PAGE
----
If you’ve seen an NFL official go into the replay booth to review a play, Desiree Abrams may have been one of the people on the phone helping to spot the ball.
Abrams has been an All-Star defensive end, an official and a lifelong fan of the sport. Her work in the NFL began as an instant replay technician and as an official at Baltimore Ravens practices. Now she spends her Sundays as a replay assistant at the Art McNally GameDay Central—the league’s officiating center—in New York.
Sarah Thomas made headlines in 2015 when she became the first woman to officiate an NFL game, and again in 2021 when she was the first woman to officiate a Super Bowl. Maia Chaka did as well when she became the first Black woman—and second woman—to be named a full-time official in March 2021.
Thomas and Chaka are visible examples of the many women who have worked tirelessly to break into the NFL. Fans who see them every Sunday are reminded of a truth that is too often ignored—women care about football too.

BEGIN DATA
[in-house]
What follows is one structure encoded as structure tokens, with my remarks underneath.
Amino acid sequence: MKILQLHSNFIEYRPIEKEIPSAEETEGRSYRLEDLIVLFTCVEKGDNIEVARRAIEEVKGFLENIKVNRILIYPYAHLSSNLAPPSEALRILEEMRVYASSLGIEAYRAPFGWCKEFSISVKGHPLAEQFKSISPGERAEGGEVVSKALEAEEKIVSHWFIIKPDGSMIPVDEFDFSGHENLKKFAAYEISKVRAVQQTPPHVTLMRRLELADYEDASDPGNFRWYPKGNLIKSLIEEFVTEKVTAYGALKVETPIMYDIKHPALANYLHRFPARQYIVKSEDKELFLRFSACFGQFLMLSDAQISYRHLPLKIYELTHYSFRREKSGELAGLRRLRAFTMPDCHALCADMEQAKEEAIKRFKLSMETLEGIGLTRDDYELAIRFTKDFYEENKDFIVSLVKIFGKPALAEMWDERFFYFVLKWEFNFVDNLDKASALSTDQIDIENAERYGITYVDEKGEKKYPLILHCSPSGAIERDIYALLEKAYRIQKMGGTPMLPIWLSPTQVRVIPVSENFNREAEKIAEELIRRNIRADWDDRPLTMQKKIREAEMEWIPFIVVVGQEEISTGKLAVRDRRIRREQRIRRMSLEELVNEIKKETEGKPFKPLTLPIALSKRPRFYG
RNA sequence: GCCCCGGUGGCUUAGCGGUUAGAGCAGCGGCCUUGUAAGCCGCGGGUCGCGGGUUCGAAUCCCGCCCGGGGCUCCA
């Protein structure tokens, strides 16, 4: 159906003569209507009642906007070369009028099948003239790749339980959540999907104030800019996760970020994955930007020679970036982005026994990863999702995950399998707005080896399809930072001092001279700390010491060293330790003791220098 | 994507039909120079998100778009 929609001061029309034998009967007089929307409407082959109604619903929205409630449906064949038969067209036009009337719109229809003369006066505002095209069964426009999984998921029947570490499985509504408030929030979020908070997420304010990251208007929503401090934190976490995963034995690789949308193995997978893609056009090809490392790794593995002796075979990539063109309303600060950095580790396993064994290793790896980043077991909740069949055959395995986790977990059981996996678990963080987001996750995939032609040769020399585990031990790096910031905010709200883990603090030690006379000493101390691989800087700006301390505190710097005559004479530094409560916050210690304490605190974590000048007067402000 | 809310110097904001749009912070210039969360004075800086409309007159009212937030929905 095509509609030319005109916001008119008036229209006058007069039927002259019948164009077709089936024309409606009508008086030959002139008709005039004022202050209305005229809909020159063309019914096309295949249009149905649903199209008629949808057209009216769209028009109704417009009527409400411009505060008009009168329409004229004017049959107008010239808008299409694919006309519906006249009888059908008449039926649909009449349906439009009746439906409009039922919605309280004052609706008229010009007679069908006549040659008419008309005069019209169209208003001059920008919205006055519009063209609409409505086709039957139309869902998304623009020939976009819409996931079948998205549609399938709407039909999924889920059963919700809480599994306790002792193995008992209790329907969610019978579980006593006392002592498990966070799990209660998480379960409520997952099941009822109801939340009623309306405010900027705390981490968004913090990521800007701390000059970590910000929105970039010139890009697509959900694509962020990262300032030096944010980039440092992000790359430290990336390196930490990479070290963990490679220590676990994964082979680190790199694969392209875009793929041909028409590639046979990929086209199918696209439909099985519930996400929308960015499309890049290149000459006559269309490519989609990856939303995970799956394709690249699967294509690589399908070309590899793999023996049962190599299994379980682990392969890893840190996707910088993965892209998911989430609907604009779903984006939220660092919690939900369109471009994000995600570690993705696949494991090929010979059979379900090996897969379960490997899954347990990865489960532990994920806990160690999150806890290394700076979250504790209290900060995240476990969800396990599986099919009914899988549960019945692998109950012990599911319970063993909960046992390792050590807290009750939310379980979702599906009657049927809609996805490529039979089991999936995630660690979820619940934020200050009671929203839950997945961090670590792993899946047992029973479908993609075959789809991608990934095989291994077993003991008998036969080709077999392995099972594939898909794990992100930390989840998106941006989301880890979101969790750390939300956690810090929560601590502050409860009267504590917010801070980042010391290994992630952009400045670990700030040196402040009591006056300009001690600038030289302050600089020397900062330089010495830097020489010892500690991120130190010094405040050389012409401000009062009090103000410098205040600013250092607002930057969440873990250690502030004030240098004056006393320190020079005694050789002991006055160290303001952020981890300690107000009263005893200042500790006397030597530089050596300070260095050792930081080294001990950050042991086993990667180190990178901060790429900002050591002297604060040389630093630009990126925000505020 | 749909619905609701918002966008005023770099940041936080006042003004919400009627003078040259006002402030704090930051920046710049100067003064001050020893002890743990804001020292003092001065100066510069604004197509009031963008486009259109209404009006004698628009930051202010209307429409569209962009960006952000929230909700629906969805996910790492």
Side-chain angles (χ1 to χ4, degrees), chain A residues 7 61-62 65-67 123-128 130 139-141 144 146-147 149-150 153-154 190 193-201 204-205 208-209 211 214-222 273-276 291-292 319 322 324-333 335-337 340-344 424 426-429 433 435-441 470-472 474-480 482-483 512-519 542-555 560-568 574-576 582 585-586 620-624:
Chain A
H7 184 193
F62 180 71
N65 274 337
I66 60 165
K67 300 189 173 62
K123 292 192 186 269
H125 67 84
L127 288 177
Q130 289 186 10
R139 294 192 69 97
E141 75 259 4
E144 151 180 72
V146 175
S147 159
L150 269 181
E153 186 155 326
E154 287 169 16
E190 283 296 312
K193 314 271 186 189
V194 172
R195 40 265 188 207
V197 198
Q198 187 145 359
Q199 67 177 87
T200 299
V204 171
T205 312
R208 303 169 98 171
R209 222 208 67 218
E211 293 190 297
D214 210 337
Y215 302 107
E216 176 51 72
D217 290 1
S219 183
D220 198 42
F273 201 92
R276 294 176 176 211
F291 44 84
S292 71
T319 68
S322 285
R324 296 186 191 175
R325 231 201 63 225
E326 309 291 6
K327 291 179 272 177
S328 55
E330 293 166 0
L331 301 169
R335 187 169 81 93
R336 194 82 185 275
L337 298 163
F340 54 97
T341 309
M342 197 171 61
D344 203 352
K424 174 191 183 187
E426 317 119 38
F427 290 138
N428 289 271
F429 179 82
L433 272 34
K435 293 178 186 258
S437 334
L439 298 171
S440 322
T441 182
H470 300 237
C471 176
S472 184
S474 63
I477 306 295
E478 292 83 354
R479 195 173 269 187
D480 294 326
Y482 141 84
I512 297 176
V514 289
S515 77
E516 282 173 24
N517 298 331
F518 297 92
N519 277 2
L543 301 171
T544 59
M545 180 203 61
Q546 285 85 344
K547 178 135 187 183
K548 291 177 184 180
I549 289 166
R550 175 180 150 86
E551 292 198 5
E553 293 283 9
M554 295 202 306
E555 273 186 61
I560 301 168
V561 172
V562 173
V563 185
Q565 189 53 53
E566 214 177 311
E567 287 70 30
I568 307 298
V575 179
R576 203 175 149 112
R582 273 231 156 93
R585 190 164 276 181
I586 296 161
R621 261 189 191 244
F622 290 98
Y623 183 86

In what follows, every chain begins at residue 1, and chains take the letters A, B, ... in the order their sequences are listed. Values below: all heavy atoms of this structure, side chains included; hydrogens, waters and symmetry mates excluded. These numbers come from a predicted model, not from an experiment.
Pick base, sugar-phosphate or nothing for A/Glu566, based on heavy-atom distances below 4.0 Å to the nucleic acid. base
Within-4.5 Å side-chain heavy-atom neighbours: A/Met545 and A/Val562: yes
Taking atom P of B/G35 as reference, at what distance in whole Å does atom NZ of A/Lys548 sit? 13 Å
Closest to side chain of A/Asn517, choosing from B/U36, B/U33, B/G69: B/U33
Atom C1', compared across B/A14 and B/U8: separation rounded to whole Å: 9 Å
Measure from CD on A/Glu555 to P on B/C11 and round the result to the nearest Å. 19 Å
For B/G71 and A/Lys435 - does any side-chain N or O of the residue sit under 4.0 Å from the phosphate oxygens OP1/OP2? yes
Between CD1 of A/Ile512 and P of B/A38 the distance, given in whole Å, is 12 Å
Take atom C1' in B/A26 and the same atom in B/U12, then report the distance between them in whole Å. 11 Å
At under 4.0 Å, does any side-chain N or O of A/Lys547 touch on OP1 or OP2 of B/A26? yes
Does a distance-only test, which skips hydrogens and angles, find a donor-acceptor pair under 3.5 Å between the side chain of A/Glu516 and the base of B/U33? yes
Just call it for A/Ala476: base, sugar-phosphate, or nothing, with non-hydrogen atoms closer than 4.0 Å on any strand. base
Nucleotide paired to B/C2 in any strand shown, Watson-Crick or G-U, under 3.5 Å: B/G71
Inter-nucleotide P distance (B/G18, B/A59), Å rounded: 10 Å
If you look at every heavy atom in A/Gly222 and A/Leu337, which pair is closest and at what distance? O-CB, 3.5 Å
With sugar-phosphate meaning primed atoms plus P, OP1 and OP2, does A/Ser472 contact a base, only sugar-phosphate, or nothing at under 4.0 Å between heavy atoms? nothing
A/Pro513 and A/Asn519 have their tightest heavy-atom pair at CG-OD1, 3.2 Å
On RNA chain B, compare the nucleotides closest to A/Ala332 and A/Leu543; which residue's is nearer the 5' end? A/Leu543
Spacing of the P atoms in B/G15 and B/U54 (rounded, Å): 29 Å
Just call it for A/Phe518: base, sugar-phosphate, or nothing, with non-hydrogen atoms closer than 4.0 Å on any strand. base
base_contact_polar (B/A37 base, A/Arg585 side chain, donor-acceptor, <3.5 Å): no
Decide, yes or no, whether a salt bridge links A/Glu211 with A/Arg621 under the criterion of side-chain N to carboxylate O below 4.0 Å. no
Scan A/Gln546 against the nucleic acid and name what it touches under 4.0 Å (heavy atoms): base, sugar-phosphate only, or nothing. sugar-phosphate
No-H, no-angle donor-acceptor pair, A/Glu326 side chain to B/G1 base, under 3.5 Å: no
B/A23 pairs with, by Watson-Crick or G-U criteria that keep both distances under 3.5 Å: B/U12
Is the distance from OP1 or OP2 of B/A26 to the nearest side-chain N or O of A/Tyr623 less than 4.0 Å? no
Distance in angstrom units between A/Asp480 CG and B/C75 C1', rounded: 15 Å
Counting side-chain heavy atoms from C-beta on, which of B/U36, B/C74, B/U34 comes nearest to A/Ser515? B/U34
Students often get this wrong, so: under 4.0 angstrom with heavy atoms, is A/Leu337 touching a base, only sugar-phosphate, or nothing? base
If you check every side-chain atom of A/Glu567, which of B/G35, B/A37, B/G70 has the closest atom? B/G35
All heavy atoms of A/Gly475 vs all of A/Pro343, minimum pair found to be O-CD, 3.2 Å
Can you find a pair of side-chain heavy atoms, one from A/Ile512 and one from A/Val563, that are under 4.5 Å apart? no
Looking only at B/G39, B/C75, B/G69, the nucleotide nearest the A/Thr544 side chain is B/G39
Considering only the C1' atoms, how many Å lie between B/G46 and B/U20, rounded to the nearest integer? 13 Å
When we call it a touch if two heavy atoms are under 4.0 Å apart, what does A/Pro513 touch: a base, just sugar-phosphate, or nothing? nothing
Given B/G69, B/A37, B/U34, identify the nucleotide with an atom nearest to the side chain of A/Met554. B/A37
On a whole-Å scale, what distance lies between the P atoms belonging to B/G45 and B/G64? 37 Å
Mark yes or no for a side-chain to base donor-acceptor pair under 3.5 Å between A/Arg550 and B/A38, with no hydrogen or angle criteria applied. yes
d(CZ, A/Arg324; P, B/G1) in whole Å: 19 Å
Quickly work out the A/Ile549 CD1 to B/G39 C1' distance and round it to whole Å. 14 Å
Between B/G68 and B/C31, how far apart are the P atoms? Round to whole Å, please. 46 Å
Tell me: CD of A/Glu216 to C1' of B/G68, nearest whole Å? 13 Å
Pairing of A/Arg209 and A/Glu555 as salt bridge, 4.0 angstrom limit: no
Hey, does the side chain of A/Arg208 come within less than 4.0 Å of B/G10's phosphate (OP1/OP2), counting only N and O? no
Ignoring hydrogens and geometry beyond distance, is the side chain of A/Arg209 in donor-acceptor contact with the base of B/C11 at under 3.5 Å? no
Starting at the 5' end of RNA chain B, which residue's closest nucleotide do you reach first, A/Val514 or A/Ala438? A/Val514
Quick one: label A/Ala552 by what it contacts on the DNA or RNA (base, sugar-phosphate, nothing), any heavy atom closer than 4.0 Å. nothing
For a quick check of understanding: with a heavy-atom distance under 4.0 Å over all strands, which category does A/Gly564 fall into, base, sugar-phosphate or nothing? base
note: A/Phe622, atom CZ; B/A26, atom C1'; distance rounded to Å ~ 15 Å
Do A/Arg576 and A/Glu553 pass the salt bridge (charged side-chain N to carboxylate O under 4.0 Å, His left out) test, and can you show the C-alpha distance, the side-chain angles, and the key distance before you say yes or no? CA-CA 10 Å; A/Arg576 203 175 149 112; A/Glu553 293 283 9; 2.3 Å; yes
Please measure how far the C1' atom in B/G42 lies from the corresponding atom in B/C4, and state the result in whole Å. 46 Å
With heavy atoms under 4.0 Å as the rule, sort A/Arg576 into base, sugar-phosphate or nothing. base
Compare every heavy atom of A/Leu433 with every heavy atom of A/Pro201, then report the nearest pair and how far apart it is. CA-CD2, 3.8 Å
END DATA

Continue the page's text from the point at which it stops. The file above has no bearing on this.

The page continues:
Other women, including Abrams, are less visible. But they are also working behind the scenes to ensure the integrity of the game they love, and to hold the door open for more women to break into the NFL’s boys’ club.
“Awareness begets awareness. It’s a matter of making sure you know it’s a possible avenue for you and have the necessary support and exposure. So, I’m going to keep encouraging them by stepping on the field and encourage them to come with me,” Abrams said. “I want to plant the seed that it’s a possibility.”
Back when Abrams was a player, she thought an official missed a call during one of her games. She did what most players do when they think an official was wrong—she told him.
“Why worry about it?” the official told Abrams. “It’s just women’s football.”